Why CSOs Lose Their Influence and Get Fired
Your path to a pink slip might have started on day one – it’s failure in the soft skills that gets enterprise security executives fired.
You might already be on your way to a pink slip – according to industry experts, the termination process might begin before a CSO even starts work at a new enterprise. But before you give up, there are ways to make sure your employment isn’t teetering over the precipice of disaster.
“Operational failures that cause people to be fired are often due to a foreseeable, preventable set of circumstances,” says Jerry Brennan, founder and COO of Security Management Resources (SMR Group), an executive search firm focused exclusively on corporate security. "If the failure goes public, potential damage to the organization's reputation can result in politically expedient terminations. However, it is more often the mismatch of personnel and their ability to manage programs that ultimately result in the individual's dismissal."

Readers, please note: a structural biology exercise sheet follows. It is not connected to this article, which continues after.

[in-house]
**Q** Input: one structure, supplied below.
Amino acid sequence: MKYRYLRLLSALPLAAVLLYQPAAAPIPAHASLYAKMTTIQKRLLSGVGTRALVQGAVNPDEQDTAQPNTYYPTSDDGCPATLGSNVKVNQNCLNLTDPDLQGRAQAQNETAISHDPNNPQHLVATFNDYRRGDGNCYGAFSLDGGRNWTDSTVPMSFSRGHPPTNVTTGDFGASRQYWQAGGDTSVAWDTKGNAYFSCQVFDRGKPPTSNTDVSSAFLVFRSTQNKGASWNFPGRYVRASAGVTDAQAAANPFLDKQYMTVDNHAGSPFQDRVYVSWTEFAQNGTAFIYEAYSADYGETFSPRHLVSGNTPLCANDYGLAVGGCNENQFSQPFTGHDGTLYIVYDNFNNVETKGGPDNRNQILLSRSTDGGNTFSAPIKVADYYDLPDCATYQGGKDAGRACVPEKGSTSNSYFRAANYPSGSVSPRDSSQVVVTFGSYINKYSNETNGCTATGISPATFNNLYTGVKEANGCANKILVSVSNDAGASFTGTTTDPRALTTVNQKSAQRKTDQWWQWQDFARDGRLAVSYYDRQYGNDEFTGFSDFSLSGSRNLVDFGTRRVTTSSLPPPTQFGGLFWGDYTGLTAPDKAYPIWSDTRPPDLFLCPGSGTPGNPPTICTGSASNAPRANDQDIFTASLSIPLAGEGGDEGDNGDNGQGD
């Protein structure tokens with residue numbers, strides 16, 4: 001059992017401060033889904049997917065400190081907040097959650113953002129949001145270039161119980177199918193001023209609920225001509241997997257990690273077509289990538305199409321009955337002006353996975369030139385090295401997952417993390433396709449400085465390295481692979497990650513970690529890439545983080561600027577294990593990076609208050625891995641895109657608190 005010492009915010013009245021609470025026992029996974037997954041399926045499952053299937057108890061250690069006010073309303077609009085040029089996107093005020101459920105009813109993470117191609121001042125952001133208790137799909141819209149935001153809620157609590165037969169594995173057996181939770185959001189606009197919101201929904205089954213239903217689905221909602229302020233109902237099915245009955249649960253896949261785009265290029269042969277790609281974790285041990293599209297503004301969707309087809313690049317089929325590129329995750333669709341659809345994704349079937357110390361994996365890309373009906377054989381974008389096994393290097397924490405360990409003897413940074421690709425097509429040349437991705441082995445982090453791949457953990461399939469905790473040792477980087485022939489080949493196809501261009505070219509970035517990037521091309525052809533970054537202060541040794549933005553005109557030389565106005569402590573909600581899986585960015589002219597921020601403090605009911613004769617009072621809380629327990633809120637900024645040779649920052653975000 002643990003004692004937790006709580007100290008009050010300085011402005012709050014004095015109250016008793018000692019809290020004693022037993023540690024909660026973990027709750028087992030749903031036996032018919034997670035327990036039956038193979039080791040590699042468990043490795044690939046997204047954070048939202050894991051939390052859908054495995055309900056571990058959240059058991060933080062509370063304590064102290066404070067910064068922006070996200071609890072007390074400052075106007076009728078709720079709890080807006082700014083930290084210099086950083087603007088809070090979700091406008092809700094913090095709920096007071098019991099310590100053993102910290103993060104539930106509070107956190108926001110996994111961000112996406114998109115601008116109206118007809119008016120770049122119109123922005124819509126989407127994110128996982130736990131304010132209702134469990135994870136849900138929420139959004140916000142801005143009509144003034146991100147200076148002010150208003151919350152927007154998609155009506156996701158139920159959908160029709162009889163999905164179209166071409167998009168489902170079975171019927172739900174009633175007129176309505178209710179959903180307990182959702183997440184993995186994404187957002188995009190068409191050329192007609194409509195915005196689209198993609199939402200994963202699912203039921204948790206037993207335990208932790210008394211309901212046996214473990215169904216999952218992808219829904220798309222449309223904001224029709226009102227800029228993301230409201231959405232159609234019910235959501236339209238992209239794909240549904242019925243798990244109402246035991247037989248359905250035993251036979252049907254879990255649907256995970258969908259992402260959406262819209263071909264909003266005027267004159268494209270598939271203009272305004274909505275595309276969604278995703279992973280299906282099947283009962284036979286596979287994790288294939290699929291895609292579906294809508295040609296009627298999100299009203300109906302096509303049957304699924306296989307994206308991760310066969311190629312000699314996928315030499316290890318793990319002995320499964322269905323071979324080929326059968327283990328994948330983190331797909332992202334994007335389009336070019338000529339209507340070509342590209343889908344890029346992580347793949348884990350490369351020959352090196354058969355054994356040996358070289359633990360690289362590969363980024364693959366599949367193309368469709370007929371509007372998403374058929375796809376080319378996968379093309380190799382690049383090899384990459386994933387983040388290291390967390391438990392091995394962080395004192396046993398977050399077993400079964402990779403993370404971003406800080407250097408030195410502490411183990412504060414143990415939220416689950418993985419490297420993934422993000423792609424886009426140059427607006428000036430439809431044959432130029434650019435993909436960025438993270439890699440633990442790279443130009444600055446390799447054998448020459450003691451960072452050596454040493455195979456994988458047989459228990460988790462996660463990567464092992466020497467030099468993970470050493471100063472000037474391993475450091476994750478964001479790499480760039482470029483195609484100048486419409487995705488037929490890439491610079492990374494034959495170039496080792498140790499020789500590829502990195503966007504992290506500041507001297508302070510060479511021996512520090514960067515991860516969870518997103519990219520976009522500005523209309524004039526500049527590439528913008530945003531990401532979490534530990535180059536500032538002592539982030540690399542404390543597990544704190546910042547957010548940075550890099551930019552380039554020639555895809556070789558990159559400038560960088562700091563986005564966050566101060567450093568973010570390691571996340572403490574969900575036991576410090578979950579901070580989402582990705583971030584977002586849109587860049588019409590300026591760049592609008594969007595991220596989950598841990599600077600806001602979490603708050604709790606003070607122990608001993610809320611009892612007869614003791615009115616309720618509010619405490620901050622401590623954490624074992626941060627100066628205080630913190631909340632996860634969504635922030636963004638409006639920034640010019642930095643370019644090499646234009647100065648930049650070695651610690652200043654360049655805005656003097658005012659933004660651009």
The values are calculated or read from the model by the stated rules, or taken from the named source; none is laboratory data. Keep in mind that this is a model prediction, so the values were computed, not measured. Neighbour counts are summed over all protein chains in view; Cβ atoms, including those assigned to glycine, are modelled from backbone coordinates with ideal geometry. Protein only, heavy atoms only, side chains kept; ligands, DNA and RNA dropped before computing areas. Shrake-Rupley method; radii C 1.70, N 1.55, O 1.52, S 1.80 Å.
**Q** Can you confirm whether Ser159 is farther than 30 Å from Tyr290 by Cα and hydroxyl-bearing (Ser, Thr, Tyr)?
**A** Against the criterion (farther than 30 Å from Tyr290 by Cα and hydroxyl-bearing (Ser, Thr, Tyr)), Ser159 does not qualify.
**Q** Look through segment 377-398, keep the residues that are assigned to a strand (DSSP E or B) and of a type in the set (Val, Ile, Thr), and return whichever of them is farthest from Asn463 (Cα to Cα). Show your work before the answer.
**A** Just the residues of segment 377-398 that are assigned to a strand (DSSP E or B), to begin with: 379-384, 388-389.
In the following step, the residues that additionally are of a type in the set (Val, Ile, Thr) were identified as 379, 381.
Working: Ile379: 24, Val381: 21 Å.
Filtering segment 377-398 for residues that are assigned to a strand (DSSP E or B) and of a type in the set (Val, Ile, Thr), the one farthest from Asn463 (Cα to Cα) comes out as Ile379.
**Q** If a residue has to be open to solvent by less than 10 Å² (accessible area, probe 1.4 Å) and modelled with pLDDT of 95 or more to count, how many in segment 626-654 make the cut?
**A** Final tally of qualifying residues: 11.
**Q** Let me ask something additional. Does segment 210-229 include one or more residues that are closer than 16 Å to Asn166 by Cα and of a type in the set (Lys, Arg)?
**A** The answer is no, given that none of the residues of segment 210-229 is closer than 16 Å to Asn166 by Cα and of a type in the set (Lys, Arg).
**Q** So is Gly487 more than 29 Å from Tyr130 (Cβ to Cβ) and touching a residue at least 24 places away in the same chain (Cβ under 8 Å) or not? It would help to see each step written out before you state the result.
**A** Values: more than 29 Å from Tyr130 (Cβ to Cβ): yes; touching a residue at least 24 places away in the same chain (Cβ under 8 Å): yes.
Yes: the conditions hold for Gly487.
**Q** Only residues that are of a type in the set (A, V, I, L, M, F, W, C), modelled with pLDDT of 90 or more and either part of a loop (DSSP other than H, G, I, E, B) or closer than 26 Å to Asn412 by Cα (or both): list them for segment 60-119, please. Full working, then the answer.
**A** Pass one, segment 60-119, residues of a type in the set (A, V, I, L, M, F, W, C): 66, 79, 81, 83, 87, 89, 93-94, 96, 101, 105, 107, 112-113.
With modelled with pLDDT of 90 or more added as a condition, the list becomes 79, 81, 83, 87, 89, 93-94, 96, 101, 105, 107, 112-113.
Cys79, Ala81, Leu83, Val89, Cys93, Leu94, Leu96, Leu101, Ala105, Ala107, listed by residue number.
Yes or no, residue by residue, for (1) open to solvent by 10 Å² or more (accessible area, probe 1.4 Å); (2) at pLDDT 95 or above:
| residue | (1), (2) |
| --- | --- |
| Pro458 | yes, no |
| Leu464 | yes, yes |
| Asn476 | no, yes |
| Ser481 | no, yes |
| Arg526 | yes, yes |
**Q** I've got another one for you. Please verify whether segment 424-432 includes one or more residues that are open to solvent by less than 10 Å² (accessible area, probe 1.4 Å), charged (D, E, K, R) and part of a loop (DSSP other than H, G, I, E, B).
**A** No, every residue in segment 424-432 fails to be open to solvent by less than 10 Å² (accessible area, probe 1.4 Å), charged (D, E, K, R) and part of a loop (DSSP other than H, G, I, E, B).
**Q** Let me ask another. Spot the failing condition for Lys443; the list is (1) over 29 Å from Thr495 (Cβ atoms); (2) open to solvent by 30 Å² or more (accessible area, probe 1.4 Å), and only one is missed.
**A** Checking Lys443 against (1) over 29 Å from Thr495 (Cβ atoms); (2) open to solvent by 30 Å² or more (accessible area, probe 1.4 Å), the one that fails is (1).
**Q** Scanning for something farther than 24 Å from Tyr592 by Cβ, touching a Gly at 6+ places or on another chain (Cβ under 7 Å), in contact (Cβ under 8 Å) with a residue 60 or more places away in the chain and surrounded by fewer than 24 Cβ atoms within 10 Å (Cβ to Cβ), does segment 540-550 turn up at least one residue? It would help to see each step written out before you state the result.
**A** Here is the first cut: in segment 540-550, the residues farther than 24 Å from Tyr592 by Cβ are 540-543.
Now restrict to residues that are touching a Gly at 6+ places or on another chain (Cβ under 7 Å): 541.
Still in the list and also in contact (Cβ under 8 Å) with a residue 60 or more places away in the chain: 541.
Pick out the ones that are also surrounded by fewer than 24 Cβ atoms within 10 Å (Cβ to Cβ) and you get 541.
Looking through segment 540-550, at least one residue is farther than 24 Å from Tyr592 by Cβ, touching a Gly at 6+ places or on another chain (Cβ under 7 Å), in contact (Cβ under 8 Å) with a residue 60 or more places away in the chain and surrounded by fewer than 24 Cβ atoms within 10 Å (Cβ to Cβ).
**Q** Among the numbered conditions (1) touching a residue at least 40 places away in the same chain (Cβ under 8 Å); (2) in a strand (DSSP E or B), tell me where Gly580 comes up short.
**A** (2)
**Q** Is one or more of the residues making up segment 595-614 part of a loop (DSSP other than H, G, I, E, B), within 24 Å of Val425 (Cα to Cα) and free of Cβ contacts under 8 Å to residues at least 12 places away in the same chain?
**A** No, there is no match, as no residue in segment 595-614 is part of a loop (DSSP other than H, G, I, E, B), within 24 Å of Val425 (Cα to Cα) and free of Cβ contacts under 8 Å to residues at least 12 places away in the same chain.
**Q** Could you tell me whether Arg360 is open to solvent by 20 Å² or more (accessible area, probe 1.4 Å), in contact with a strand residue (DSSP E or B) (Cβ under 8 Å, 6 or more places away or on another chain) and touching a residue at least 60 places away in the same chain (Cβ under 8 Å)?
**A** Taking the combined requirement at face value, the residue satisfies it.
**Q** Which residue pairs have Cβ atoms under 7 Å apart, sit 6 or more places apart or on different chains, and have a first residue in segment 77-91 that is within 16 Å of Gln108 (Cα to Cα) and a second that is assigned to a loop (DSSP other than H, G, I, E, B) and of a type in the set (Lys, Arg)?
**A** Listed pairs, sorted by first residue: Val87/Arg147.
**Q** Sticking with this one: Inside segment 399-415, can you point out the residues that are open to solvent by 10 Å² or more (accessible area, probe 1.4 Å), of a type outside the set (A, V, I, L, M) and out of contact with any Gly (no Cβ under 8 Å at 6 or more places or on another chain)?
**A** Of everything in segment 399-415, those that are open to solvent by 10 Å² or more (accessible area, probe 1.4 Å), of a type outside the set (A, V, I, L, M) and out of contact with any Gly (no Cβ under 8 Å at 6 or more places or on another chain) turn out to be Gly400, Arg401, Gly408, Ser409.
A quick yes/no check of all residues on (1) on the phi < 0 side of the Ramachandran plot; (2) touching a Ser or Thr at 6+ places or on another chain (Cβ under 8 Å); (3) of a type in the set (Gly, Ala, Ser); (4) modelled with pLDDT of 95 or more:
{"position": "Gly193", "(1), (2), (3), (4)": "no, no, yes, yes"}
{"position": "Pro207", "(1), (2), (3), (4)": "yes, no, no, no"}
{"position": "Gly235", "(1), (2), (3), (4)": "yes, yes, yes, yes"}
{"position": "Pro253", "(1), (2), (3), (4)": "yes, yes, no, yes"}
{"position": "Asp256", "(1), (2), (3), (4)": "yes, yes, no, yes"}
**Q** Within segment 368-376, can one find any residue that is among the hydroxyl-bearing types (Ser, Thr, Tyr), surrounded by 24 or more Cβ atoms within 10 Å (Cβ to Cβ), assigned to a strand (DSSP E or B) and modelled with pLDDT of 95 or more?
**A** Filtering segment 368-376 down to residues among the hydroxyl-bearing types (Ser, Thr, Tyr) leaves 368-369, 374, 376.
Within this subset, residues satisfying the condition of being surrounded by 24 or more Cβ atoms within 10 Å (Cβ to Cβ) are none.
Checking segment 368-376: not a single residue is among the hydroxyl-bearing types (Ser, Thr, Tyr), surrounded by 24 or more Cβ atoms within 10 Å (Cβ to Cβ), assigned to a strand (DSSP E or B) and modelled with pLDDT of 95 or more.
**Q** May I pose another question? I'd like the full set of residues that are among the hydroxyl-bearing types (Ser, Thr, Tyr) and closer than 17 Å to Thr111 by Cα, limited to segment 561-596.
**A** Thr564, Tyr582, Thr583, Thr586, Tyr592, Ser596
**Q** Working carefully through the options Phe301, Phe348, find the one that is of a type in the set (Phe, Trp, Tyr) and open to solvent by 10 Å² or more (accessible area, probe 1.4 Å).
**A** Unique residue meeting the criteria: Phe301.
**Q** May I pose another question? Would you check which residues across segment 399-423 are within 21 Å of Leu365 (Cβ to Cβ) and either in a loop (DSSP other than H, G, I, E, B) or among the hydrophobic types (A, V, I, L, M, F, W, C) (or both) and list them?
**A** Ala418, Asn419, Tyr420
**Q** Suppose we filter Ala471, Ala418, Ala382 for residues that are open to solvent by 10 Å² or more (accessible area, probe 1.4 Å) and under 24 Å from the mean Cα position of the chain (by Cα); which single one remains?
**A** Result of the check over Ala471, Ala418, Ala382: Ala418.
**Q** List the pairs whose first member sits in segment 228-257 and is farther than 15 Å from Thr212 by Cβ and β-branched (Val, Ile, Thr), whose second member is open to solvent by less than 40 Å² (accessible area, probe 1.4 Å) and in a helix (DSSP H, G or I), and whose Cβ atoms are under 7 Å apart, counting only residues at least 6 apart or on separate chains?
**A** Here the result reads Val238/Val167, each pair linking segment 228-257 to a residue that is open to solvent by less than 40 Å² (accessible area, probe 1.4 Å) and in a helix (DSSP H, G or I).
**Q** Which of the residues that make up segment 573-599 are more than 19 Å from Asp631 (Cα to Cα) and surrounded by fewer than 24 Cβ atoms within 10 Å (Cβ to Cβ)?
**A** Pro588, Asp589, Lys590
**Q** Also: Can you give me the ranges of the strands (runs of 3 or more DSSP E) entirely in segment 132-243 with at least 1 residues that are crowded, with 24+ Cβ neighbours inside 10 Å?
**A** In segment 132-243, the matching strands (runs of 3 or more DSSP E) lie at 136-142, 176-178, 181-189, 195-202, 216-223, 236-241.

According to Brennan, the top four reasons for a CSO’s termination are:
- Cultural Fit
- Failure to Build Relationships
- Total Mismatch for Organizations’ and Individuals’ Expectations for the Role
- Management Shift or Change at the Senior Level
“Organizations don’t necessarily seek a total match when hiring,” he says. “They may focus only on technical skills and neglect organizational expertise. This will set both the enterprise and the CSO up for failure.”
Brennan also says that, especially in the IT field, it’s so easy to get bogged down in the operational pieces of the role. As a result, security leaders miss having a business strategy that they can sell throughout the organization: “Being right doesn’t mean you’ll be successful,” he says. “You still have to communicate those technical ideas to your peers.”